What’s Apple up to?

On Thursday, Apple removed Gen-Z favorite game, Fortnite, from its App Store over parent company Epic Games’ alleged “violation of guidelines” surrounding in-app payments. For gamers, this was the final straw in Apple’s long history of clashes with developers, with cries of “boycott” being tossed about while Epic actually released an ad parodying Apple’s own famous ‘1984’ marketing campaign — just Google ‘Nineteen Eighty Fortnite’. More seriously though, Epic is suing Apple due to the company “flexing its enormous power in order to impose unreasonable restraints and unlawfully maintain its 100% monopoly over the iOS In-App Payment Processing Market”. It’s gathered some pretty powerful support too with Match.com and Spotify backing Epic’s actions — though I find it funny that Spotify will complain about 30% charges when it doesn’t even pay its artists properly. Overall, it’s a volatile time for Apple, which is fresh off of a Congressional hearing on this very matter, so strap in, we’re in for a bumpy ride. 

Bet you didn’t know

Fortnite was also removed from the larger Google Play store and Epic Games is suing them too, but nobody really seems to be talking about it…


If Twitter does merge with TikTok and they don’t rebrand the business as ‘TwikTwok’, then I swear I’m done, artistic creativity will have died. Anyway, my ramblings aside, there are actually reports swirling that Twitter — yes, Twitter — has held preliminary talks about “a potential combination with TikTok”, which would enable the platform to continue operating in the U.S. But it remains unclear whether Twitter can actually afford to buy TikTok from its Chinese owners, ByteDance, especially as it is going up against frontrunning suitor, Microsoft. Twitter’s market capitalisation is about $29 billion, dwarfed by Microsoft’s at more than $1.6 trillion. With just 31 days left to secure a deal, things really don’t look good for Twitter, which is reportedly seeking more of ‘partnership’ than an outright acquisition. I mean, given its finances, this seems obvious — I’d love to get into a ‘partnership’ with a 2020 Ferrari SP90, but I can’t afford it either.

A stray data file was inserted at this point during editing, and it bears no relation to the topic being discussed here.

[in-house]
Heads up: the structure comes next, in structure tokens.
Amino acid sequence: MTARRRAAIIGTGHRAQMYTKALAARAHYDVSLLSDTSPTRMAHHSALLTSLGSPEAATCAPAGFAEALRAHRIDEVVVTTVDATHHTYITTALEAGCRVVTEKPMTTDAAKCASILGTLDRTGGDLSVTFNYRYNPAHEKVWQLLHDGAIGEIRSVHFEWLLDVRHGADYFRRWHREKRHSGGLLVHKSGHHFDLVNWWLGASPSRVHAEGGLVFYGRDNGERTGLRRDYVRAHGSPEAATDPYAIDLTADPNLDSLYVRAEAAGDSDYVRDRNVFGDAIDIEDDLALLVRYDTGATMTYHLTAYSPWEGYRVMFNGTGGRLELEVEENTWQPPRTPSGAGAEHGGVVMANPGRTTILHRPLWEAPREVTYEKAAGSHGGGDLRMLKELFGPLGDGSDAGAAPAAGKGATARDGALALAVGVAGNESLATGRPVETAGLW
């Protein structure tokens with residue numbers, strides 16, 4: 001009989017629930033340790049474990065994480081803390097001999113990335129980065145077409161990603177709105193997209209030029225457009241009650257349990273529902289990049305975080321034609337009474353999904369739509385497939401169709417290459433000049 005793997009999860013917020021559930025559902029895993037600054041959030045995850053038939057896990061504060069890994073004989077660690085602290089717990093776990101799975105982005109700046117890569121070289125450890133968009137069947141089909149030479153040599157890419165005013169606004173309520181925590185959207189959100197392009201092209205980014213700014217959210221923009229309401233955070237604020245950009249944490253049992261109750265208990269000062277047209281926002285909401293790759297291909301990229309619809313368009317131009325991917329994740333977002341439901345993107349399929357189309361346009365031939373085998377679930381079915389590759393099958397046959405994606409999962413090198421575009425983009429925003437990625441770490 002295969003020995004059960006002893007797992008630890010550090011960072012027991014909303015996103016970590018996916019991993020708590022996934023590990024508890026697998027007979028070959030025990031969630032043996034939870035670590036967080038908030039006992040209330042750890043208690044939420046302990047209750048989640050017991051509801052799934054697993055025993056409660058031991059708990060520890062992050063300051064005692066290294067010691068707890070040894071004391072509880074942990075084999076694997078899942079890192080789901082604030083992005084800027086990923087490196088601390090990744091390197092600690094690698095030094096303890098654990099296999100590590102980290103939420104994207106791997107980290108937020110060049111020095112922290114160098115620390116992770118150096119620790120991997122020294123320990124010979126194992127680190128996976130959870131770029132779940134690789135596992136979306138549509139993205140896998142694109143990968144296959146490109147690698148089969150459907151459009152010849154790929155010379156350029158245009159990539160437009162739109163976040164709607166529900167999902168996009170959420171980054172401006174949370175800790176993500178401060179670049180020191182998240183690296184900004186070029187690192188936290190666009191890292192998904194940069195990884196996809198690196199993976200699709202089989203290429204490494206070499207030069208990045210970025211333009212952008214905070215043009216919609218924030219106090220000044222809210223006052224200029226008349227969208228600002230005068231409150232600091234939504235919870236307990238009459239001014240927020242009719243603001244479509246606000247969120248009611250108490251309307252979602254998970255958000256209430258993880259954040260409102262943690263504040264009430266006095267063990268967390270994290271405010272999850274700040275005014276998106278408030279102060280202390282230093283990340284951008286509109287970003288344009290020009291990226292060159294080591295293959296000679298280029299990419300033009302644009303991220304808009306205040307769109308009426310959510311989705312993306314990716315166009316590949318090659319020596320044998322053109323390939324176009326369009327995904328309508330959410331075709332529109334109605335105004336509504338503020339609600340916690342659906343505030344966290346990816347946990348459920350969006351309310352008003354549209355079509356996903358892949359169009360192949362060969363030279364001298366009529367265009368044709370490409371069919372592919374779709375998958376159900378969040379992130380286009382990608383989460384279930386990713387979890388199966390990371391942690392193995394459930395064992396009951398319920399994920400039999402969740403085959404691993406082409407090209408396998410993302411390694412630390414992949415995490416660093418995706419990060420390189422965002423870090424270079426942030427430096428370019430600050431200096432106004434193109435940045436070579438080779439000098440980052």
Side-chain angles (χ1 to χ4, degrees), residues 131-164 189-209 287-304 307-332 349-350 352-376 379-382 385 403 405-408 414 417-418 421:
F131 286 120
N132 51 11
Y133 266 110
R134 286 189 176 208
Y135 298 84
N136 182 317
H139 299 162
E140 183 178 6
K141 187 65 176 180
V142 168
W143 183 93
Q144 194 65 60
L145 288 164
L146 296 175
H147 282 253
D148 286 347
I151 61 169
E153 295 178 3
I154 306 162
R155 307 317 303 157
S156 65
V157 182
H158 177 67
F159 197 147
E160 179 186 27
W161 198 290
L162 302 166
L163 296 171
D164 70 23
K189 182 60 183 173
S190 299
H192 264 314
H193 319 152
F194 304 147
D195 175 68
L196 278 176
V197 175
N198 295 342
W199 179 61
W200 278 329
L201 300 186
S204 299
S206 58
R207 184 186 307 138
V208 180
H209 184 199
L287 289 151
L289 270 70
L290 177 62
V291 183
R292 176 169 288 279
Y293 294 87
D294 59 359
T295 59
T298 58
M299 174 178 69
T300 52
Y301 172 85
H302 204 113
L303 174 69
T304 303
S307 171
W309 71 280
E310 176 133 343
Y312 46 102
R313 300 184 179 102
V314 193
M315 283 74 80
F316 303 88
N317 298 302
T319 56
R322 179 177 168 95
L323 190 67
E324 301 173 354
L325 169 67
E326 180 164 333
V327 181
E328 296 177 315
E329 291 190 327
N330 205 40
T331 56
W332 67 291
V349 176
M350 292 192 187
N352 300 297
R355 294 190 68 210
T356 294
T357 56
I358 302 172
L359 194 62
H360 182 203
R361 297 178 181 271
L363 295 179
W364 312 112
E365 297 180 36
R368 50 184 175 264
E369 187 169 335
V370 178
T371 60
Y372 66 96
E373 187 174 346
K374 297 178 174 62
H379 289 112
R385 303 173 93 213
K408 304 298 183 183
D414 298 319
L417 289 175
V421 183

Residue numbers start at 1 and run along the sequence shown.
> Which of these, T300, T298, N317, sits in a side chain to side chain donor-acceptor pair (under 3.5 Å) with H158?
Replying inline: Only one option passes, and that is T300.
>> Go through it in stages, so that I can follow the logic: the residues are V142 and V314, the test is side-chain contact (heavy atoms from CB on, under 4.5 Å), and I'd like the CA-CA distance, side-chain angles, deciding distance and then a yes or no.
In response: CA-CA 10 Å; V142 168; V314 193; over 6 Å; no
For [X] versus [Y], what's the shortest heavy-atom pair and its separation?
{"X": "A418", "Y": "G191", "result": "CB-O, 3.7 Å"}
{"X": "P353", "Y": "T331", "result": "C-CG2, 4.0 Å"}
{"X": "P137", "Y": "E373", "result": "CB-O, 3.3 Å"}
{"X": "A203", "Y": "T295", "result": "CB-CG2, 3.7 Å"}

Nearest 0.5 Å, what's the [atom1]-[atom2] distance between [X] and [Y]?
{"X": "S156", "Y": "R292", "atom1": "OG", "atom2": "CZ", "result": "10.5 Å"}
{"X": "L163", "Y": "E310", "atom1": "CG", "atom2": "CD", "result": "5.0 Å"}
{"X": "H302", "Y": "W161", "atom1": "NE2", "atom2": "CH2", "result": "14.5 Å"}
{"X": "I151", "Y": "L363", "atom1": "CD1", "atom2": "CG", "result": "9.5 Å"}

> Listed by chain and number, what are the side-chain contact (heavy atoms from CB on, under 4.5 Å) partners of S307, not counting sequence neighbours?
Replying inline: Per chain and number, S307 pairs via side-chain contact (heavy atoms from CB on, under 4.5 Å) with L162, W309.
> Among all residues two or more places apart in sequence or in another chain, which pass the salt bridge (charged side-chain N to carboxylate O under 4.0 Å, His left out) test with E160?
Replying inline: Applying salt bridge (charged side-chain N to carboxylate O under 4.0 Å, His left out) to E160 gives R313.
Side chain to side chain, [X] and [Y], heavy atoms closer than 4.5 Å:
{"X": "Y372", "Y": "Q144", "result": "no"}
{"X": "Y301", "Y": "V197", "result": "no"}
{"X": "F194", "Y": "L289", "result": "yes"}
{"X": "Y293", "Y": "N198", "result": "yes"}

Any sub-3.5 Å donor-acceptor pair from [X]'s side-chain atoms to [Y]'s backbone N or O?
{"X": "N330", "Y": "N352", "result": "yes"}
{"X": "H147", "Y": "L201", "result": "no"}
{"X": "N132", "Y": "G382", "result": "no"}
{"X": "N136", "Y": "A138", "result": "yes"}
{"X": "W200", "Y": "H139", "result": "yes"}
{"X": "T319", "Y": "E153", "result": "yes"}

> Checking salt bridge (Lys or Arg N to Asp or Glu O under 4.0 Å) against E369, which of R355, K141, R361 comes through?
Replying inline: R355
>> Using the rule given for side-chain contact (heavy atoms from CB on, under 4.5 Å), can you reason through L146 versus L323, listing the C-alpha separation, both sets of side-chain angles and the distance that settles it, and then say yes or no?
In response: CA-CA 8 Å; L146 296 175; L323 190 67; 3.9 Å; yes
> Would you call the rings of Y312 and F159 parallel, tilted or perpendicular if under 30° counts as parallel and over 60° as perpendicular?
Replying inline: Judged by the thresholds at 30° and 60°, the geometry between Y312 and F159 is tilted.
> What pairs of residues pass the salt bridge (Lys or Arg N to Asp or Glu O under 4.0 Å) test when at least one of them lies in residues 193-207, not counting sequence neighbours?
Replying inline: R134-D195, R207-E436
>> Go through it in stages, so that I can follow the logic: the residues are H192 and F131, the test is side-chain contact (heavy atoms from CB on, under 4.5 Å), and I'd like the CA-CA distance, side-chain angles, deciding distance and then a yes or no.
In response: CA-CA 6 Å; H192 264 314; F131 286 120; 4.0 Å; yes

Any other takers?

So it seems that silly season on the TikTok saga is well underway, with new suitors popping up every day. Sequoia Capital, which first invested in ByteDance back in 2014, is also looking at ways in which it might be able to snap up the U.S. operations of TikTok from the company. The funny thing is that nobody appears to have actually asked ByteDance what they think of all this.

Bet you didn’t know

More than 41% of all TikTok users are aged between 16 and 24. I don’t know what stresses me more: That I’m no longer in that age group, or that I am too old to be TikTok…

The Week In Numbers

$106.5 million

in losses were posted by European bank startup, Revolut; triple what it reported a year ago.

$124.39 million 

was reported in Q2 revenue by Warren Buffett-backed StoneCo (NASDAQ: STNE), beating estimates by 27%. 

$2.8 billion

in Q2 investment gain was reported by SoftBank this week, having lost $18 billion in 2019 thanks to WeWork and Uber (NYSE: UBER) investments.